Andrea Oliver’s mother, Laura, is the perfect small-town mum. Laura lives a quiet but happy life in sleepy beachside Belle Isle. She’s a pillar of the community: a speech therapist, business owner and everybody’s friend. And she’s never kept a secret from anyone. Or so Andrea thinks.
When Andrea is caught in a random violent attack at a shopping mall, Laura intervenes and acts in a way that is unrecognisable to her daughter. It’s like Laura is a completely different person – and that’s because she was. Thirty years ago. Before Andrea. Before Belle Isle.
Laura is hailed as a hero for her actions at the mall but 24 hours later she is in hospital, shot by an intruder, who’s spent decades trying to track her down.
What is Andrea’s mother trying to hide? As elements of the past return and put them both in danger, Andrea is left to piece together Laura’s former identity and discover the truth – for better or worse – about her mother. Is the gentle, loving woman who raised her also a violent killer?
My mum has been recommending Karin Slaughter to me for years now and, when I visited Bath a few months ago, I picked up this one at a second-hand bookshop for only £3! Slaughter’s writing style is incredibly detailed, well thought out, and extremely gripping. I managed to put a few pieces together as the story went on, but was still left guessing until the last few chapters. It was a very enjoyable read and I look forwards to reading more of her books!
Pieces of Her follows thirty-year-old Andrea just shortly after her and her mother, Laura, are caught in the middle of a shooting at the local mall. Laura made headlines, not only as one of the victims, but of how calm she was when talking directly to the shooter, and how she defended herself. Many believed that she was trained in self-defence, but Andrea knows better and begins to suspect that her mother might not be telling her everything there is to know about her and her past. While being questioned, Laura decides that Andrea needs to fly the nest and move out. Someone seems to break into Laura’s house and Andrea hears the two talking, like they know each other. Andrea rescues her mother from the strange man but her mother begins to give her instructions wildly, telling her she must flee and not come back until Laura tells her it is safe to do so. Andrea is thrown into a whirlpool of secrets and lies, finding out the truth about her mother’s past and realising that she isn’t as innocent as she thought.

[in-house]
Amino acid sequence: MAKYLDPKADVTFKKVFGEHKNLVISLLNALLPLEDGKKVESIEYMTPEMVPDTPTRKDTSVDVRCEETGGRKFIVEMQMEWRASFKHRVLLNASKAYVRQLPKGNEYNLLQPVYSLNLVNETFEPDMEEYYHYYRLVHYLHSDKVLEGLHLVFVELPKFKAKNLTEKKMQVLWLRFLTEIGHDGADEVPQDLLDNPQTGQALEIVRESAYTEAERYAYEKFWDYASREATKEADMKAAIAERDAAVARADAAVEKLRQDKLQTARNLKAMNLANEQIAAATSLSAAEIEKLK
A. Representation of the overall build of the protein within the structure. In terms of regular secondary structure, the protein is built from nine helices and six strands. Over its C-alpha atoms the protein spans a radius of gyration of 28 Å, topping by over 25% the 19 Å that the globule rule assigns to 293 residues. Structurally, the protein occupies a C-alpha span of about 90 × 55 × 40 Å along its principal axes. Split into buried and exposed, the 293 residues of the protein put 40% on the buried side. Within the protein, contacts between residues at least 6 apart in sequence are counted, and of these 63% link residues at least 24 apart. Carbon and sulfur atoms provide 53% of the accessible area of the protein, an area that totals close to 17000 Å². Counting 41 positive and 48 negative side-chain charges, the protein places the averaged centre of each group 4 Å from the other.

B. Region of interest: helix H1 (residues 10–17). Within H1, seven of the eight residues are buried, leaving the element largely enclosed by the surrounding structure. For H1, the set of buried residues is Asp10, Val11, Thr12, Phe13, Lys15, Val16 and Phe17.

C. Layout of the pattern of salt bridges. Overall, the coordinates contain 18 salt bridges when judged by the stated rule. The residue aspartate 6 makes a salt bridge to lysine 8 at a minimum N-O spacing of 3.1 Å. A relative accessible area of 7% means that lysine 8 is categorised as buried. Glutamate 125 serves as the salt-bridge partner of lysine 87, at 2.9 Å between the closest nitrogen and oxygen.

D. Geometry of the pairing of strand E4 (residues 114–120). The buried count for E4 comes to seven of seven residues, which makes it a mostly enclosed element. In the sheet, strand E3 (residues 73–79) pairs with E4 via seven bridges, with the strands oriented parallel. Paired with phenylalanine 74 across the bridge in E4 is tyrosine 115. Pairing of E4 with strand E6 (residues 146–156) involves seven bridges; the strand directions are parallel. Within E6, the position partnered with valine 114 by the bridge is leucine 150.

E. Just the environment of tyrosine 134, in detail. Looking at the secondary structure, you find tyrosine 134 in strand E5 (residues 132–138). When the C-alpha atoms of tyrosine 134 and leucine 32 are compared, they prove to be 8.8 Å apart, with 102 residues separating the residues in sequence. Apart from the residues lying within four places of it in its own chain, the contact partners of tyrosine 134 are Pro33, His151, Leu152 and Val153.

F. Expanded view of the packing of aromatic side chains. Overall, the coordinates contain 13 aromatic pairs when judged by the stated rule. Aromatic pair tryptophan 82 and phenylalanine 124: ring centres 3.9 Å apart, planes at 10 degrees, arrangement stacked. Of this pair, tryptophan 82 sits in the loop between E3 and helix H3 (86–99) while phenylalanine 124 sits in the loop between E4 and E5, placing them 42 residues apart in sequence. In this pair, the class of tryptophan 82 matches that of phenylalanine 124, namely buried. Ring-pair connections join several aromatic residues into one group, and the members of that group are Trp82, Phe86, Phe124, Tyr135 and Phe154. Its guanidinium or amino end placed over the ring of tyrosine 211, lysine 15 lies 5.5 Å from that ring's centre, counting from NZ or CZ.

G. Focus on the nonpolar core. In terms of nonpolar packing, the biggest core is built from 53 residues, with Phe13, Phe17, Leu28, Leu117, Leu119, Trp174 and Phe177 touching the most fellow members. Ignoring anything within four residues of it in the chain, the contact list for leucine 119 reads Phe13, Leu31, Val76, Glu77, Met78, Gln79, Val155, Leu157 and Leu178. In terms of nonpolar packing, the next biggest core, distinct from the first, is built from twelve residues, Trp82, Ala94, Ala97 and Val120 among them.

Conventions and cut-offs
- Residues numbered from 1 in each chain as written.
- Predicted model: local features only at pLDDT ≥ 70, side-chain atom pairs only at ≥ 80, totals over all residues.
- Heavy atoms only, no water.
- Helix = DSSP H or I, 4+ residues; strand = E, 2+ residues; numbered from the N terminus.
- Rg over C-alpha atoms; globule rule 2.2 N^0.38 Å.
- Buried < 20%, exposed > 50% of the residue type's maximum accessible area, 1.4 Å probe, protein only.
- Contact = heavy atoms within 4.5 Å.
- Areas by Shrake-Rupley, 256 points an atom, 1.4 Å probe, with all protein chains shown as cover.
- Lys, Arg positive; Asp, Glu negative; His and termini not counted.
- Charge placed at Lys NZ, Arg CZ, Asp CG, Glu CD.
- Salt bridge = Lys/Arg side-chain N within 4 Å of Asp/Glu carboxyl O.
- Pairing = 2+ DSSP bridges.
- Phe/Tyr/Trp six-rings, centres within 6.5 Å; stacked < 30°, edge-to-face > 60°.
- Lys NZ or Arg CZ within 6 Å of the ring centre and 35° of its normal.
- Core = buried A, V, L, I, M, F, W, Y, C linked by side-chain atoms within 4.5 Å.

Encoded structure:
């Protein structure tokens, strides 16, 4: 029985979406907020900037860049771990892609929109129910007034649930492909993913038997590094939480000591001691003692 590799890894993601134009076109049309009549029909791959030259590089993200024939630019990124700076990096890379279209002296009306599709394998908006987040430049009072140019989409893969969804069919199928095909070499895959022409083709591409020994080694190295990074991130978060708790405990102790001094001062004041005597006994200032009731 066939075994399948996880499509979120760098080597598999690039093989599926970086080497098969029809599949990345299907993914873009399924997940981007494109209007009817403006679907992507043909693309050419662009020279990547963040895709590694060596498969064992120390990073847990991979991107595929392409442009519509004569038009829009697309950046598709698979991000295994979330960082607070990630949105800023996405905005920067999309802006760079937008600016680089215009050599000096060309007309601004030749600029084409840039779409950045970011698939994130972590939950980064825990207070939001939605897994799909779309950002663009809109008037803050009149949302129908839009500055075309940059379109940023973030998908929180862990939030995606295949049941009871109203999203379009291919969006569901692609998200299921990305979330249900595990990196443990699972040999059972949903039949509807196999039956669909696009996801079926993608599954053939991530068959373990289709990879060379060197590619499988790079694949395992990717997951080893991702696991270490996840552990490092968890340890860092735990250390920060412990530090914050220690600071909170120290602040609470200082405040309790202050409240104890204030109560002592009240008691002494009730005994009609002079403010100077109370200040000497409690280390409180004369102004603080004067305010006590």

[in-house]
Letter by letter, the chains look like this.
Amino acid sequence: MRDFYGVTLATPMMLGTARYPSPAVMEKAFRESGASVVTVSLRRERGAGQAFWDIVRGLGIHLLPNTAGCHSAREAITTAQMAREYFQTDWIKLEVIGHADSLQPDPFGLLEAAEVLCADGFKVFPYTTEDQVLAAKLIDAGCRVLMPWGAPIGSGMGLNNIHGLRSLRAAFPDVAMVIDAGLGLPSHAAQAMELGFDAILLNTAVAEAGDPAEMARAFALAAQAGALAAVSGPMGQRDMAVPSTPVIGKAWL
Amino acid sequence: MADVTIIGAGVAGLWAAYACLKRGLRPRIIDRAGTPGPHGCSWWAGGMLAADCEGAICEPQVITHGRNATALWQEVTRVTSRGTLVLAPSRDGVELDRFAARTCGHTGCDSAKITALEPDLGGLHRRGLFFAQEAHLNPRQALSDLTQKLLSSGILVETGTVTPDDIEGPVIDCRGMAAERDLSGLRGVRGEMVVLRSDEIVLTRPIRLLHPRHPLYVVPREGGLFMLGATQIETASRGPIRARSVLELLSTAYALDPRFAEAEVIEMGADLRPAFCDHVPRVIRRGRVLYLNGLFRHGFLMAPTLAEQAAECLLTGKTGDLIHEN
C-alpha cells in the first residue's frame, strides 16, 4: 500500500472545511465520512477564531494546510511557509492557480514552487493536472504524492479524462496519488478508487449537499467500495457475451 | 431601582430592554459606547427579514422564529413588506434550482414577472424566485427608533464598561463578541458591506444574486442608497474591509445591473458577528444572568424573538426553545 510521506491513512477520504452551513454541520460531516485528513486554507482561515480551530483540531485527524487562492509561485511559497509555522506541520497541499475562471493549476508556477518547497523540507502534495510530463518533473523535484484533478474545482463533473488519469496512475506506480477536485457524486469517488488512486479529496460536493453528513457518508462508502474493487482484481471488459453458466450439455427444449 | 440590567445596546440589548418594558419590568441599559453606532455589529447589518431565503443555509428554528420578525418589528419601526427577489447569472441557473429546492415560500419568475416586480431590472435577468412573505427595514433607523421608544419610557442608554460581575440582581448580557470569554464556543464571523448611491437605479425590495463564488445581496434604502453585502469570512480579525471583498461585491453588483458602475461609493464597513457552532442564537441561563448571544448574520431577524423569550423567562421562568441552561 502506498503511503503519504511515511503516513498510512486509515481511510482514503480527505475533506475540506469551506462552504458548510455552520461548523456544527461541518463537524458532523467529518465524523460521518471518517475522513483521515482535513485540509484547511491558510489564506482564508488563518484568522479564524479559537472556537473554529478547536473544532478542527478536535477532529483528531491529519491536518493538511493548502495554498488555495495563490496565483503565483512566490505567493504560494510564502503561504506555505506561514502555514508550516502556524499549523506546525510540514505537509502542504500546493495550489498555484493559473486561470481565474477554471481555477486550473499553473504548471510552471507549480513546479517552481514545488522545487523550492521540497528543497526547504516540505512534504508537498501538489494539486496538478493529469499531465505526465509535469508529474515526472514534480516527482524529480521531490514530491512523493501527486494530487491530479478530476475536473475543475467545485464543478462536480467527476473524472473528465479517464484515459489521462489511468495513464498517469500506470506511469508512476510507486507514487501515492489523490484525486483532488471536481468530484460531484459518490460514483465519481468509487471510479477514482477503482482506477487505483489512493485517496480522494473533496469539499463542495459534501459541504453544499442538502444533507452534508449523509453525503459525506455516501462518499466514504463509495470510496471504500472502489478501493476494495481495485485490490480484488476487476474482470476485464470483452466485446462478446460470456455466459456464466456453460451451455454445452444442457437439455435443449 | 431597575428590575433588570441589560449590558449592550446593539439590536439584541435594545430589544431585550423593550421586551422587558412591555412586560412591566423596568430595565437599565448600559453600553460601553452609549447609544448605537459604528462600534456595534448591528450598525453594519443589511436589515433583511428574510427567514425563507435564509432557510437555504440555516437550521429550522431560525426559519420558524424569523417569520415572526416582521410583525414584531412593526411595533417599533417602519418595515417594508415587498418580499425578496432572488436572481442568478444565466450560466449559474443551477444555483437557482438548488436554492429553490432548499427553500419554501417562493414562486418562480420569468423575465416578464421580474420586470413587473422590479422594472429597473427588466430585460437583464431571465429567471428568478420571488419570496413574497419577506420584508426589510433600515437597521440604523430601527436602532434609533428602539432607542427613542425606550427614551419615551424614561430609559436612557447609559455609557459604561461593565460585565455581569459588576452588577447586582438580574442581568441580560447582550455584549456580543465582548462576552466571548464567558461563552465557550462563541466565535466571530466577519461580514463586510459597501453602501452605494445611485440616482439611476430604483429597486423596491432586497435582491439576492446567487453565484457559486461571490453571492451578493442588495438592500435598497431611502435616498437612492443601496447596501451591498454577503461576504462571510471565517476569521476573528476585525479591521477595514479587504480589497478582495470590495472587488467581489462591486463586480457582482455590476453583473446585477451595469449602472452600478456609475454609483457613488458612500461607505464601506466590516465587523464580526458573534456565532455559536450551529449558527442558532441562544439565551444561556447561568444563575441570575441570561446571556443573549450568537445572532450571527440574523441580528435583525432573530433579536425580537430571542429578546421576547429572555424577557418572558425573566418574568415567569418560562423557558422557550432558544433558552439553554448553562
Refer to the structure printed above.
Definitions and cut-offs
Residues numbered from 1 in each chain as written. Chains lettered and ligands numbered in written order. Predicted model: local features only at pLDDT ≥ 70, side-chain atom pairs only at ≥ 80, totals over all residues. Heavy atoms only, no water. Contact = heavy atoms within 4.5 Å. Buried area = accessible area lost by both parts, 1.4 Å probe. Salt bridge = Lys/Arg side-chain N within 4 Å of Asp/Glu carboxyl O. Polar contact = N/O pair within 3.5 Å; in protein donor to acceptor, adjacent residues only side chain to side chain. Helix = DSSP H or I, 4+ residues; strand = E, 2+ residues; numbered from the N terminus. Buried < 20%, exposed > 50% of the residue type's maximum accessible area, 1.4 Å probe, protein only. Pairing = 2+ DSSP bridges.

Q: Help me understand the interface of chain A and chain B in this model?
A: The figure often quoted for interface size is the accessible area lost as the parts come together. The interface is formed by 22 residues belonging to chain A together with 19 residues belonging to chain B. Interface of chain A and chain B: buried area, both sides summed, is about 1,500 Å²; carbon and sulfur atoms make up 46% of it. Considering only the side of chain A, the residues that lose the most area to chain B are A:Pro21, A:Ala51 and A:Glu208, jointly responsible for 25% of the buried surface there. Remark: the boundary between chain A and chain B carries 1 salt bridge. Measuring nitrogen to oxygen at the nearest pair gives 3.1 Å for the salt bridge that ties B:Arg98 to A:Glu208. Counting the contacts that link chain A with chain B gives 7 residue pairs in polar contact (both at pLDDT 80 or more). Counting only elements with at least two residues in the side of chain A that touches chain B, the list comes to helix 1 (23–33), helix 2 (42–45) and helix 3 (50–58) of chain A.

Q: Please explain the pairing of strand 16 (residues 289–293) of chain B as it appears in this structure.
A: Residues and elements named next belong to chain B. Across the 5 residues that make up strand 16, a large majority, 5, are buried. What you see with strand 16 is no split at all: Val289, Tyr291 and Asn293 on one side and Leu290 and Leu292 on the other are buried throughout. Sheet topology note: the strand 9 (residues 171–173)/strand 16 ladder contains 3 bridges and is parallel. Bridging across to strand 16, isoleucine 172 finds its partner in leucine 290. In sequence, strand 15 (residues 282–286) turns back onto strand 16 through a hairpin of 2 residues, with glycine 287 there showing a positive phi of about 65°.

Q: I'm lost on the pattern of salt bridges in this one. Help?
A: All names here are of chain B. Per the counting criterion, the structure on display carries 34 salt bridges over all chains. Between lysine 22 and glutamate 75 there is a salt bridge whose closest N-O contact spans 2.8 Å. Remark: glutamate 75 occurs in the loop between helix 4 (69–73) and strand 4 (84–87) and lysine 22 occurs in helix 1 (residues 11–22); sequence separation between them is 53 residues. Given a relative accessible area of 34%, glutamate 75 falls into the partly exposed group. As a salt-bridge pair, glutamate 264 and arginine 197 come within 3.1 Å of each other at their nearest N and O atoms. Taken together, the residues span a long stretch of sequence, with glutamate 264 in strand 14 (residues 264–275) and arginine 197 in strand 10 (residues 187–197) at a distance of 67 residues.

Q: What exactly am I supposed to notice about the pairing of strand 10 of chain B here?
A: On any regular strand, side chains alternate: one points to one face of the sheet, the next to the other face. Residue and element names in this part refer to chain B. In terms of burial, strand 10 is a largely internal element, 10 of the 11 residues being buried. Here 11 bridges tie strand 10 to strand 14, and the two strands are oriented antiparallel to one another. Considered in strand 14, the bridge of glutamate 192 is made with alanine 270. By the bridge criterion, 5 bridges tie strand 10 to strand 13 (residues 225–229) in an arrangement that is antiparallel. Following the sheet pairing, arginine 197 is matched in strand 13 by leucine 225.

What drew me to this particular Slaughter book first was definitely the element of mystery. I absolutely love a book that constantly urges me to read just one more chapter to answer my questions, but I also love a book that allows me to dissect and come up with my own theories until those questions are answered.
The writing style of Slaughter is incredibly gripping and well-detailed. There was some use of language in it but not so much that it felt forced. The characters were all thought out, we knew their backstories and what shaped them into the people that they are. For instance, Andrea was a struggling waitress in New York before she came home to Laura, who was battling cancer at the time. It was very interesting to learn about the Andrea’s past without using flashbacks, it was almost like Andrea was telling us everything that had happened in that moment, for instance when a man flirts with her at a bar, she begins thinking back to her old boyfriends who weren’t the nicest of chaps.
The story itself is set entirely from Andrea’s point of view, with a few others thrown in. These all soon to fit together and I can’t really explain it without spoiling it completely, but trust me, it was very clever and I’m surprised I didn’t figure it out while reading it.
Overall I ended up rating this book four stars. It is definitely one of my favourite reads of this year, especially as it has introduced me to Karin Slaughter, but also because I adore a good thriller. The reason why I didn’t rate this five stars was that I feel like the ending was a little anticlimactic, while I loved how it ended, I just didn’t like the way it ended. It was sort of told to us rather than shown, and I really find endings like that problematic because I am left feeling a little deflated. All in all, I would recommend this book to other thriller lovers as it gives you absolutely everything you need.